General Stevanovic also provided detailed explanation about the armament of the police forces to counter allegations that the police had in fact been a 'militarized' force.  He explained that the PJP was not a 'specialized' unit as in 'special forces' sense of the term, but rather that the PJP was an ad hoc formation composed of regular police officers who had additional training or expertise in certain fields who could be assembled whenever a need arose – for example when there was a riot, a special PJP riot police squad could be formed, or if security at a football match was needed, a PJP unit could be assembled and dispatched.  General Stevanovic defended his units from the perception that they were 'death squads' or 'punitive units.' 


General Stevanovic's testimony was otherwise unremarkable, especially given his rank and position in the Kosovo security apparatus.  He provided evidence noting that there were orders prohibiting police from firing on civilians and elaborated on the rules of engagement for use of force by police.  He noted that all police follow the four precepts of 1) legitimacy (only use force in pursuit of proper policing goals; 2) graduation (go from lighter to heavier force gradually); 3) necessity (only use force when the need arises); and 4) proportionality (only use force commensurate to the threat).   'All competent leaders insisted that the rules of force be followed to the letter' Stevanovic testified.  He also noted that many Albanians had been contracted as 'local security' agents authorized with powers of arrest and to use firearms – a sure sign Milosevic hoped to argue that deportation of the Albanian population was never contemplated by his regime if they were simultaneously employing armed Albanians in their security forces.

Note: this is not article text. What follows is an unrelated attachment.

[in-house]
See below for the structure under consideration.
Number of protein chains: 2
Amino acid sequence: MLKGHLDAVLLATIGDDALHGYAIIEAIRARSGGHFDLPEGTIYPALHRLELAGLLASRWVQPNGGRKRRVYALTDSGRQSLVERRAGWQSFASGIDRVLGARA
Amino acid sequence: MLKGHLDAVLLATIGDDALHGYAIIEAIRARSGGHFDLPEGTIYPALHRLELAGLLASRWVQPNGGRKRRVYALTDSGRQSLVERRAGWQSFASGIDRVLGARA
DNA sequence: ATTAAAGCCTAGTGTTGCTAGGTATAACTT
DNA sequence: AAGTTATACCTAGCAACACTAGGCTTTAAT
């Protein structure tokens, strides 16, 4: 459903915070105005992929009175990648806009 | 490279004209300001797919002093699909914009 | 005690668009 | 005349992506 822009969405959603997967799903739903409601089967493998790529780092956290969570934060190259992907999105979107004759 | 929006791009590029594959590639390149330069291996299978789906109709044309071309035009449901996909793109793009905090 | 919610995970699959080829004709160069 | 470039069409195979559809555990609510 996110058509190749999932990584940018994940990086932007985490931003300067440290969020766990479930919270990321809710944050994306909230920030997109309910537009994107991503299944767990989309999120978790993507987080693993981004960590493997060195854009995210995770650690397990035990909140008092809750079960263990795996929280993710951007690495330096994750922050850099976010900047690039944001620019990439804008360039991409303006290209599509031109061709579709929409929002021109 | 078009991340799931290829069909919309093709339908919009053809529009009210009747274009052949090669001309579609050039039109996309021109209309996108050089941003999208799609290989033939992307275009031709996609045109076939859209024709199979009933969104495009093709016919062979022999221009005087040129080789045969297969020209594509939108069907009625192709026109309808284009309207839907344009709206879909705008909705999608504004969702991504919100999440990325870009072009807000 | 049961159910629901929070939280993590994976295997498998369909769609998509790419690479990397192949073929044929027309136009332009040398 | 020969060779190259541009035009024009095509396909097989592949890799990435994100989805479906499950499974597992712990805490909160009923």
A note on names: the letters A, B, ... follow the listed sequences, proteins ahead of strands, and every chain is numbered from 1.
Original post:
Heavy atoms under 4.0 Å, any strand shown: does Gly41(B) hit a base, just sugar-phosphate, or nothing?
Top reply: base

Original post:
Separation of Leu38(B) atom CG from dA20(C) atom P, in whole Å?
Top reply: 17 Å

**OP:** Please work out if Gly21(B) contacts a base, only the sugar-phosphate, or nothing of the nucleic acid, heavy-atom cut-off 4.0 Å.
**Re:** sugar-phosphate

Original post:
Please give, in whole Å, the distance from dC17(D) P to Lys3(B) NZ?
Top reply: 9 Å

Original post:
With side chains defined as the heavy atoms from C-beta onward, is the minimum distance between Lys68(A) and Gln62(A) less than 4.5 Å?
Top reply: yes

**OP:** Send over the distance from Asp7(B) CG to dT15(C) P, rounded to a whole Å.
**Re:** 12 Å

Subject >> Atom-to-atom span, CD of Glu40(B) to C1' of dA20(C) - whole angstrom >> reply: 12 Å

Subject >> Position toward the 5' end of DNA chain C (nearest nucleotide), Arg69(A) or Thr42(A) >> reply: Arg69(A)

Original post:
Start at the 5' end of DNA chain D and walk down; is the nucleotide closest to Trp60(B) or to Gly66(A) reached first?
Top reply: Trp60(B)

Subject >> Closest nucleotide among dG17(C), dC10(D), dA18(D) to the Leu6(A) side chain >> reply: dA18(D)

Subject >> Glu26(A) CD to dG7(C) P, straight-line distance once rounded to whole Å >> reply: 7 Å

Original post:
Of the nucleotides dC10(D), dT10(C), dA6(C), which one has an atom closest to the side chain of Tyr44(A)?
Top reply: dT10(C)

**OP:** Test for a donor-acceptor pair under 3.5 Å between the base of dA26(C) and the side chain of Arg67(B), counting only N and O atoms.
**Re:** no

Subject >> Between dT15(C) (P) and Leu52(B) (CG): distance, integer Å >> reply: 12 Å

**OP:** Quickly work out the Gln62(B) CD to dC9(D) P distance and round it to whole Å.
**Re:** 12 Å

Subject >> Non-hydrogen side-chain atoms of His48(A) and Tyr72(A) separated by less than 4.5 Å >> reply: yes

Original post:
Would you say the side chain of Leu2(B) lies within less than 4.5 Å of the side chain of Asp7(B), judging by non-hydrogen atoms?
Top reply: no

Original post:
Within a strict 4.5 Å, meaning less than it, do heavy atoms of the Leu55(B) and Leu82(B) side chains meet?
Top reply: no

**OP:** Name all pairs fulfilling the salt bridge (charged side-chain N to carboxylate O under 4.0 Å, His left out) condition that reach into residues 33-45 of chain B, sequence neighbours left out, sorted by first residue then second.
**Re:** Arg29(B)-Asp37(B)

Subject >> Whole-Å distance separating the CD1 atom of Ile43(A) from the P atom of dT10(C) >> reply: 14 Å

General Stevanovic also testified that because KLA fighters often retreated behind civilians or blended in with civilians this was proof in and of itself that the Serbian police forces followed international humanitarian law – why else would they shield themselves behind civilians unless they knew that the Serb police would protect civilians? 

Milosevic ended the 12th hour of direct examination (although at least three to six remain) by asking whether a single unlawful order had been issued and whether Stevanovic knew of any unlawful actions that had not gone unpunished.  The witness answered that he was not aware of a unlawful order and was unaware of anybody tolerating an unlawful order.


Judge Robinson allowed the question even though it called for a conclusion of law (what does 'lawful' mean?)  but noted 'in assessing the weight to be attached to that question….no evidence has been given to show that this witness has any competence to comment on the lawfulness of any order….'  Judge Robinson summarized the testimony of the witness succinctly – he had not shown his competence to provide fact testimony – that is to say – he did not present first-hand eyewitness knowledge to contradict allegations in the indictment.  Instead, he, like his predecessors before him, spoke in general terms about Albanian terrorism and the effort of police to combat that terrorism.


General Stevanovic echoed a pattern of logic by defense witnesses – testifying that there could not possibly be crimes because the rules and regulation prohibit crimes.  For example, he brought a set of orders instructing police to protect civilians from paramilitaries – proof however that paramilitaries were operating and that civilians needed protection from them.  His records also acknowledged that in March of 1999 tens of thousands of Albanians fled to the borders of Kosovo.  Upon further questioning by Judge Bonomy, he acknowledged that those records failed to describe the circumstances that forced these people to flee – but instead simply noted that it was 'common knowledge' why they fled – because of KLA coercion.   


Milosevic had scheduled General Stevanovic to testify for twelve hours (or three trial days) - however, the accused has indicated that his witness would likely conclude his testimony next week, after five trial days.   It will be interesting to see what the Prosecution have in mind for cross-examination – although Stevanovic is not indicted, the OTP will finally have a shot at questioning him on the stand.